This perception of terrorism allows the generalization of the (liberal) language of transgression to become a global language, involving Putin in Russia and his client Bashar al-Assad in Syria, Modi in India, the communist regime in China, and the ascendant fortress of the militant reaction in the Gulf: the United Arab Emirates, as well as, of course, the United States and Israel and, by extension, Europe. James Woolsey, the CIA chief at the time of the 9/11 terrorist attacks, spoke of a fourth world war against terrorism that could last generations. The first generation raised during the Global War on Terror has passed, and there does not seem to be a lull in the confrontation that, on the contrary, has expanded to encompass China, India, Turkey, and other illiberal states. Killing terrorists, excluding them from the laws of war that require the distinction between civilians and combatants, the proper treatment of prisoners, and the prohibition of torture, seems to join these parties. Terrorism is the exception that states decide for themselves in a global emergency that finds the most suitable environment for its perpetuation. In any case, the alleged terrorists are not prisoners of war in the first place, but are illegal fighters, just as Hitler considered the Russian forces not to be covered by the laws of war as stated in The Problems of Genocide, and just as the colonial powers generally dealt with their resisters in the colonies. Under the misdeeds of the war on terror, genocides unseen in the Holocaust-centric genocidal perception are taking place. Syria is also an example, and the concept of the Holocaust-Genocide—so to speak—cannot see that.

In Dirk Moses’s book, the reader explores the legal and political treatments of the Holocaust-centered diagnosis of the genocide, although the author showed that Lemkin’s conception of the genocide is based on his Zionism and its perception of the world as constituted by nations and groups with fixed ethnic identity. In the Middle East, the Holocaust-centric genocidal paradigm of violence is consistent with ethno-nationalism in Israel, as well as notions like the protection of minorities, and generally to political thinking centered on fixed, pre-given identities. In our region, this is the thinking of Islamists and sectarians in general, and is implicated in what I call the “genocratic turn” (al-Haj Saleh, 2019), which is the permanent preparation for the genocidal. Here, I mean in a world witnessing an identity transformation, the problems appear falsely to be problems of hatred and animosity between groups that have no political and social roots. Furthermore, identities appear to be the sources of politics, including the Syrian war and genocide. The solution that suggests itself, then, is ever smaller “independent” polities of “pure” identitarian communities, which requires placing themselves under the protection great powers.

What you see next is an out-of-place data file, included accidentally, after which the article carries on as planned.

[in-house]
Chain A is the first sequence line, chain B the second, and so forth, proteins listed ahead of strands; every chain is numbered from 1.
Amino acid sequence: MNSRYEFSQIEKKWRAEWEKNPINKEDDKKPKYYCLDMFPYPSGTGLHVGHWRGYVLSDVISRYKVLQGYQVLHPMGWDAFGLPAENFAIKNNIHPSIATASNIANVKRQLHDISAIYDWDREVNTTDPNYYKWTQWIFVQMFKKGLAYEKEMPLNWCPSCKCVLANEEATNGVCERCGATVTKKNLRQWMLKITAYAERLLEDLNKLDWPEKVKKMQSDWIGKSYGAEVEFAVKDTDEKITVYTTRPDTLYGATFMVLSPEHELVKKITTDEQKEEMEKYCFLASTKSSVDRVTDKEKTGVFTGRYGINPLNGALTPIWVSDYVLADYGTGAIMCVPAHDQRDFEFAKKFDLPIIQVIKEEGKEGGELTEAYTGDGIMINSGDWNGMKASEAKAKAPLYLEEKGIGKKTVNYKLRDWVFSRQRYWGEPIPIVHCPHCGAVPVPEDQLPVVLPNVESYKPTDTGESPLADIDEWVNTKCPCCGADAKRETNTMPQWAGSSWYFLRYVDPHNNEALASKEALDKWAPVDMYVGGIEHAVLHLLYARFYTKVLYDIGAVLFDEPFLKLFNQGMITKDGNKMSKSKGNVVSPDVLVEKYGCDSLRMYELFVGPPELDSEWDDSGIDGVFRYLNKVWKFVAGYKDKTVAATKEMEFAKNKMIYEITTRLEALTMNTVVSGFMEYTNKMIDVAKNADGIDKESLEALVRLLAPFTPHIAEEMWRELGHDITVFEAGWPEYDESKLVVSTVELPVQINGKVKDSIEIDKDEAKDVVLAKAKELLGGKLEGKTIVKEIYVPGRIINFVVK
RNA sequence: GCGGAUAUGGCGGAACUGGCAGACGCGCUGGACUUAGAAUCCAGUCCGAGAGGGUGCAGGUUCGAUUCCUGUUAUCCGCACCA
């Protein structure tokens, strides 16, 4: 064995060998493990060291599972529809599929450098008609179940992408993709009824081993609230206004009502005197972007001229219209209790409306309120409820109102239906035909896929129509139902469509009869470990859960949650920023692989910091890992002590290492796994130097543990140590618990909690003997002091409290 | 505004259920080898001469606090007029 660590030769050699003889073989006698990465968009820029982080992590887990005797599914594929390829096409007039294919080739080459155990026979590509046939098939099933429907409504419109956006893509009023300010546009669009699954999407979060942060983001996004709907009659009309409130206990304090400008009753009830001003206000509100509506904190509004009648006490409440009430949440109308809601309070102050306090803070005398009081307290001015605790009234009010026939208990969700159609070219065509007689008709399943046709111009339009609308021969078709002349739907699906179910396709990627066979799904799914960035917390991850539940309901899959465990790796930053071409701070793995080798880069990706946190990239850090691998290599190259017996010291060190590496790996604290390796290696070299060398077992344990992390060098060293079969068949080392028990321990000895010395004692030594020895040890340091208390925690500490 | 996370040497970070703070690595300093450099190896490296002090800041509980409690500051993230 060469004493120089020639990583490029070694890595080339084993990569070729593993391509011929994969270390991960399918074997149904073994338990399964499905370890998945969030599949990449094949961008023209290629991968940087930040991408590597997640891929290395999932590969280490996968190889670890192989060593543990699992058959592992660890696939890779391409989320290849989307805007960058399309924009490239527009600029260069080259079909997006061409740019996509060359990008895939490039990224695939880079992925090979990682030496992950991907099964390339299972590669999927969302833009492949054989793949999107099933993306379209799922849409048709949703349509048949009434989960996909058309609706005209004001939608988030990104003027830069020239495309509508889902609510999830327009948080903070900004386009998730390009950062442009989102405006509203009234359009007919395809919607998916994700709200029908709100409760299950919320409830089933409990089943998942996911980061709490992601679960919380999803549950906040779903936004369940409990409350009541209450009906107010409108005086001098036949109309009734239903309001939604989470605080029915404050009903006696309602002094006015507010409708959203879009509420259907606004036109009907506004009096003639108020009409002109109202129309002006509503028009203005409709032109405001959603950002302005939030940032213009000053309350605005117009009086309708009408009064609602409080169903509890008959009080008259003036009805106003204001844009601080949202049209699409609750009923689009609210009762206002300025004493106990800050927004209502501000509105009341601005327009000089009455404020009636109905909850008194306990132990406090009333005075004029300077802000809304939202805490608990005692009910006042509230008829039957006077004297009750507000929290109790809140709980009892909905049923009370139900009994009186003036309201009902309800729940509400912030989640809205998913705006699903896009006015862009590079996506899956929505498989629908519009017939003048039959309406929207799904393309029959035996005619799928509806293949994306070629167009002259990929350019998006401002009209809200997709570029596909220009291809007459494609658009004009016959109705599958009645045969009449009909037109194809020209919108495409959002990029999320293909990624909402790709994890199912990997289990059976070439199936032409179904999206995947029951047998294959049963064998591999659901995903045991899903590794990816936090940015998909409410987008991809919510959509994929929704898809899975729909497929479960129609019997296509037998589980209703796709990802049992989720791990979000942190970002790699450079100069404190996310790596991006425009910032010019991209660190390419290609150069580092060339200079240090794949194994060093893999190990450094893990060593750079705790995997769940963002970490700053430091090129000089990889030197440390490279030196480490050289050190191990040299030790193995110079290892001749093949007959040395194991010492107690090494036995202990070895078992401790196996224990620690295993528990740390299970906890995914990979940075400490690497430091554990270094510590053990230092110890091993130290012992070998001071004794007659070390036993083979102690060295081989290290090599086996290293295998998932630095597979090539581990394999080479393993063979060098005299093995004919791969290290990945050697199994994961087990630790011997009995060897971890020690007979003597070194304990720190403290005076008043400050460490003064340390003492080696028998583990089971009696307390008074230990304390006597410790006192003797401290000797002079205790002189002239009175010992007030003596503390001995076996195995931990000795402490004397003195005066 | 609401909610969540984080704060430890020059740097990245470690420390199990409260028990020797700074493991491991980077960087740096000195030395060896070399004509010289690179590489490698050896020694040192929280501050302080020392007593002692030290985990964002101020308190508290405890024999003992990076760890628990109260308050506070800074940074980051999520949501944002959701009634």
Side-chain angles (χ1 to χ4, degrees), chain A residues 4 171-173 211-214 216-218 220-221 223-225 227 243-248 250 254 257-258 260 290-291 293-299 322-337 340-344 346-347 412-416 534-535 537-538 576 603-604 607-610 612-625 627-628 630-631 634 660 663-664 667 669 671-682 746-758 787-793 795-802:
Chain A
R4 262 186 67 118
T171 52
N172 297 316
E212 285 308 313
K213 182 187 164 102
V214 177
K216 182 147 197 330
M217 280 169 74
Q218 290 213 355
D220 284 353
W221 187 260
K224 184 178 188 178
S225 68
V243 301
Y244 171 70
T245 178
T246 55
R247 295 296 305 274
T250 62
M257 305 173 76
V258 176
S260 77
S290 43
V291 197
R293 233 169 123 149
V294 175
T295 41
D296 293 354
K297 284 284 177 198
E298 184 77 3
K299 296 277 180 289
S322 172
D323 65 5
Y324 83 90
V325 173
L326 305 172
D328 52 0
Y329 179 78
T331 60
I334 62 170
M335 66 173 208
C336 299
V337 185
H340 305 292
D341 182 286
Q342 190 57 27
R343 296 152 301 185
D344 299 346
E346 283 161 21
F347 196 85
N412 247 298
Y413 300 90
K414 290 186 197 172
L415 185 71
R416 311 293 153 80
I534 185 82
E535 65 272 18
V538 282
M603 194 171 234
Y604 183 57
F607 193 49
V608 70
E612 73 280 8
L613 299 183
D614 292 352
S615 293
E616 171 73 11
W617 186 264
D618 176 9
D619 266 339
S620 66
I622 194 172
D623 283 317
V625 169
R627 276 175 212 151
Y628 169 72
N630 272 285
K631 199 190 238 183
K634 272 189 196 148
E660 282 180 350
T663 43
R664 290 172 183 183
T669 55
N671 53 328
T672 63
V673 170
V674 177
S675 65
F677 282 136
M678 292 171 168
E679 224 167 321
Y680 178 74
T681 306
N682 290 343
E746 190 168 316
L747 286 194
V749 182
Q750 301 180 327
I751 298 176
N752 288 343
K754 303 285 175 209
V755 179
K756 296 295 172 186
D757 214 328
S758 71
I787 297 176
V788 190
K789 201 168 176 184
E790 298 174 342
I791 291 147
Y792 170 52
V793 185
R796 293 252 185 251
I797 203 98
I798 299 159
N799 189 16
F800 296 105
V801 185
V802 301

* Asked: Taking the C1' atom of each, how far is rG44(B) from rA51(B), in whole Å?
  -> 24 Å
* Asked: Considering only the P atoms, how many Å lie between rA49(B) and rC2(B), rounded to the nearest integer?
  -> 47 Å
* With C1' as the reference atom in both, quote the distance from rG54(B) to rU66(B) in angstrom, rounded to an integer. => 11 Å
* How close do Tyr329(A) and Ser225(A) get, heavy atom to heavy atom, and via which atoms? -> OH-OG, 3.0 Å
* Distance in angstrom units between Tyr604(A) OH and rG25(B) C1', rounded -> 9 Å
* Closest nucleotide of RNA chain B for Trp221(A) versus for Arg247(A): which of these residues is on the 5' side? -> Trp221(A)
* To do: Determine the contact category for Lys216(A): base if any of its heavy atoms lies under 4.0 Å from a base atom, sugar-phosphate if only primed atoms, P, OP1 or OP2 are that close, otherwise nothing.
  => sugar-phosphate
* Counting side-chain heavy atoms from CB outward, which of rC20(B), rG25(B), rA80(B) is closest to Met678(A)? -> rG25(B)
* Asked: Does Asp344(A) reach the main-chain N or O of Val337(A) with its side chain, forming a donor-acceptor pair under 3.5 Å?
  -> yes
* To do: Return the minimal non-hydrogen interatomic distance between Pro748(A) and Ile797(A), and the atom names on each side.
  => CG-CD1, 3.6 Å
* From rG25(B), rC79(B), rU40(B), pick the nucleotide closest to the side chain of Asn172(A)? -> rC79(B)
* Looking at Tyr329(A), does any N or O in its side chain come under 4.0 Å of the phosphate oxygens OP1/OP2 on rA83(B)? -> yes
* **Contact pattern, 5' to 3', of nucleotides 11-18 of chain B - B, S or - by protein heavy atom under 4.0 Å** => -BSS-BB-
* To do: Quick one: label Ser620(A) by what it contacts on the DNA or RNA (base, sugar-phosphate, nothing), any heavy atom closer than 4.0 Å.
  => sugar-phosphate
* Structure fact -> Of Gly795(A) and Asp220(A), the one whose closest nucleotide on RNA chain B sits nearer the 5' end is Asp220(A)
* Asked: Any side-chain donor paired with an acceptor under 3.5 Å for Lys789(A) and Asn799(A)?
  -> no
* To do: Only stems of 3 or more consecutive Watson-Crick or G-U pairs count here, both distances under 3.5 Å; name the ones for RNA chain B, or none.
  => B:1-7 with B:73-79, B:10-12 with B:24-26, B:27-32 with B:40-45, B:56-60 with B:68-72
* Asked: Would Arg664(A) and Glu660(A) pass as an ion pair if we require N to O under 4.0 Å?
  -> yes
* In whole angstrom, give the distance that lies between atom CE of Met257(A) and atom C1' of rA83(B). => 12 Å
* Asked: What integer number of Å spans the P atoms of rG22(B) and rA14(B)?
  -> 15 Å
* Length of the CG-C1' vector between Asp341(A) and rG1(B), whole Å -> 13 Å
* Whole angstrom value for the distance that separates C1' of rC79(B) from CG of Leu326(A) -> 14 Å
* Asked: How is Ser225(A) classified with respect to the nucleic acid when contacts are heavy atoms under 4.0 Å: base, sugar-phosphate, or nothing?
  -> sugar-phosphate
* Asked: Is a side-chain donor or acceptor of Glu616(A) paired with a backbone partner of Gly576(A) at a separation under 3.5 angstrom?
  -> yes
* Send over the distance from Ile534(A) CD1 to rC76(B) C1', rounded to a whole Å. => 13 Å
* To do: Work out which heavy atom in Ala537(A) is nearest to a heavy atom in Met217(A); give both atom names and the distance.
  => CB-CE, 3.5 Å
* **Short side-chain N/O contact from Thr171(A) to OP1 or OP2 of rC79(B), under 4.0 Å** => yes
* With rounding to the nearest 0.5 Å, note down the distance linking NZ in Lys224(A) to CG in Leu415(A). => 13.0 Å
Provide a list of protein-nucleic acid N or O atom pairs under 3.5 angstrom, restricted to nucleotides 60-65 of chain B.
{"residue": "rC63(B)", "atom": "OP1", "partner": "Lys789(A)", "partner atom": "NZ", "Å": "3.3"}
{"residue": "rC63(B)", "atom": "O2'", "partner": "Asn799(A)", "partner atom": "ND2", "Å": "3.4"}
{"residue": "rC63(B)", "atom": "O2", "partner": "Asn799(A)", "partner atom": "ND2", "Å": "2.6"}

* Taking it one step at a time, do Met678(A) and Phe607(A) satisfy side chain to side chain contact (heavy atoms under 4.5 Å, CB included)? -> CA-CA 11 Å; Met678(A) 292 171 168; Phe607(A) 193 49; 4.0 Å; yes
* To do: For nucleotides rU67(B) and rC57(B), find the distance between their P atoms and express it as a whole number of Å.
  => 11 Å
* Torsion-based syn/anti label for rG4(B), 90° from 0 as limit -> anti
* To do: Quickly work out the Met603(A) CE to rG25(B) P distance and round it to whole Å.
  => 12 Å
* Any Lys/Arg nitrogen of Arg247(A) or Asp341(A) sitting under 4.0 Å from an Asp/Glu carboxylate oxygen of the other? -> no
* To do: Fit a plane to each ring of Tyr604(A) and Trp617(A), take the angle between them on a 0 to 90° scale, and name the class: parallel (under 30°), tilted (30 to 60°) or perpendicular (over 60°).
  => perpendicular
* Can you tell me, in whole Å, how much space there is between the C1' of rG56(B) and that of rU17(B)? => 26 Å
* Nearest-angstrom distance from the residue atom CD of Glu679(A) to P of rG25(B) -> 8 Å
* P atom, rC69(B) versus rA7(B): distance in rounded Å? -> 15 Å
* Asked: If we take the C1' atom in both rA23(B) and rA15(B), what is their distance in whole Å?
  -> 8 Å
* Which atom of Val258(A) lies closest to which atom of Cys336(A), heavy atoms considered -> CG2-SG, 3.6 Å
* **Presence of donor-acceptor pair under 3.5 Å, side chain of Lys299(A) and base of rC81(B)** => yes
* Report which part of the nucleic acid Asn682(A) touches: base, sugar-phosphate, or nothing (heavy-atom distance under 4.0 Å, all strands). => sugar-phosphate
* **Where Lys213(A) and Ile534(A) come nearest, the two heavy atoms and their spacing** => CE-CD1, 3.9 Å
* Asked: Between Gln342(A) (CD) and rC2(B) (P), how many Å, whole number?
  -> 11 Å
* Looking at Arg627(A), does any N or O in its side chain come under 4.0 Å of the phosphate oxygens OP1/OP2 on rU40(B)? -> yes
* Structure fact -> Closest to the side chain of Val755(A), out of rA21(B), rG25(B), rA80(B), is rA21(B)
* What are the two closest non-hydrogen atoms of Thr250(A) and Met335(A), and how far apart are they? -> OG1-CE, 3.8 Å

On the contrary, thinking about exterminations in the light of the concept of permanent security, that is, paranoid policies that securitize myriad perceived human groups as potential threats, would allow a rational and progressive approach to these crimes. Israel and Assad’s rule aspire for armed eternity, which means nothing less than centralization of the state around security for an ethnic nationalism that bases its security madness on “hereditary victimhood” (I borrow the expression from Zygmunt Baumann in his 1989 Modernity and the Holocaust), or of a criminal family and its cronies. Two major wars would not have occurred on the Syrian mainland within two generations (1979-1982, and 2011-), and Israel would not have been in a permanent war with and around Palestine, had it not been for the abnormal demand of their states for permanent security.

Recognizing the problems with the concept of genocide has prompted various researchers to develop complementary or contradictory concepts, among which is “politicide,” i.e., political genocide, first introduced by Ted Gurr and Barbara Harff (1988) to cover the mass murder for political reasons, as happened to at least half a million Indonesian communists in 1956 and 1966. Then the concept of “democide”, the killing of the people by the state, was coined by Rudolf Rummel (1995), with genocide being a special case of democide. Both concepts are more critical and “progressive” than the genocidal and sectarian concept centered on ethnic identity, although the latter has been more famous due to its adoption by the UN, and then because the abundant literature on the Holocaust continues to reproduce and circulate it. It is hoped that this situation will be changed by being challenged by the likes of Moses and a growing number of researchers. Perhaps it is important that we, in Syria and the Arab world, engage in this important discussion, so that we use the genocide literature to illuminate our situation, and we rely on our situation in critiquing the genocide literature.

The Problems of the Genocide deserves to be translated into Arabic to make up for the great lack of translation of the genocide literature on the one hand, and to provide a critical input that is widely known to this literature and has few analogues.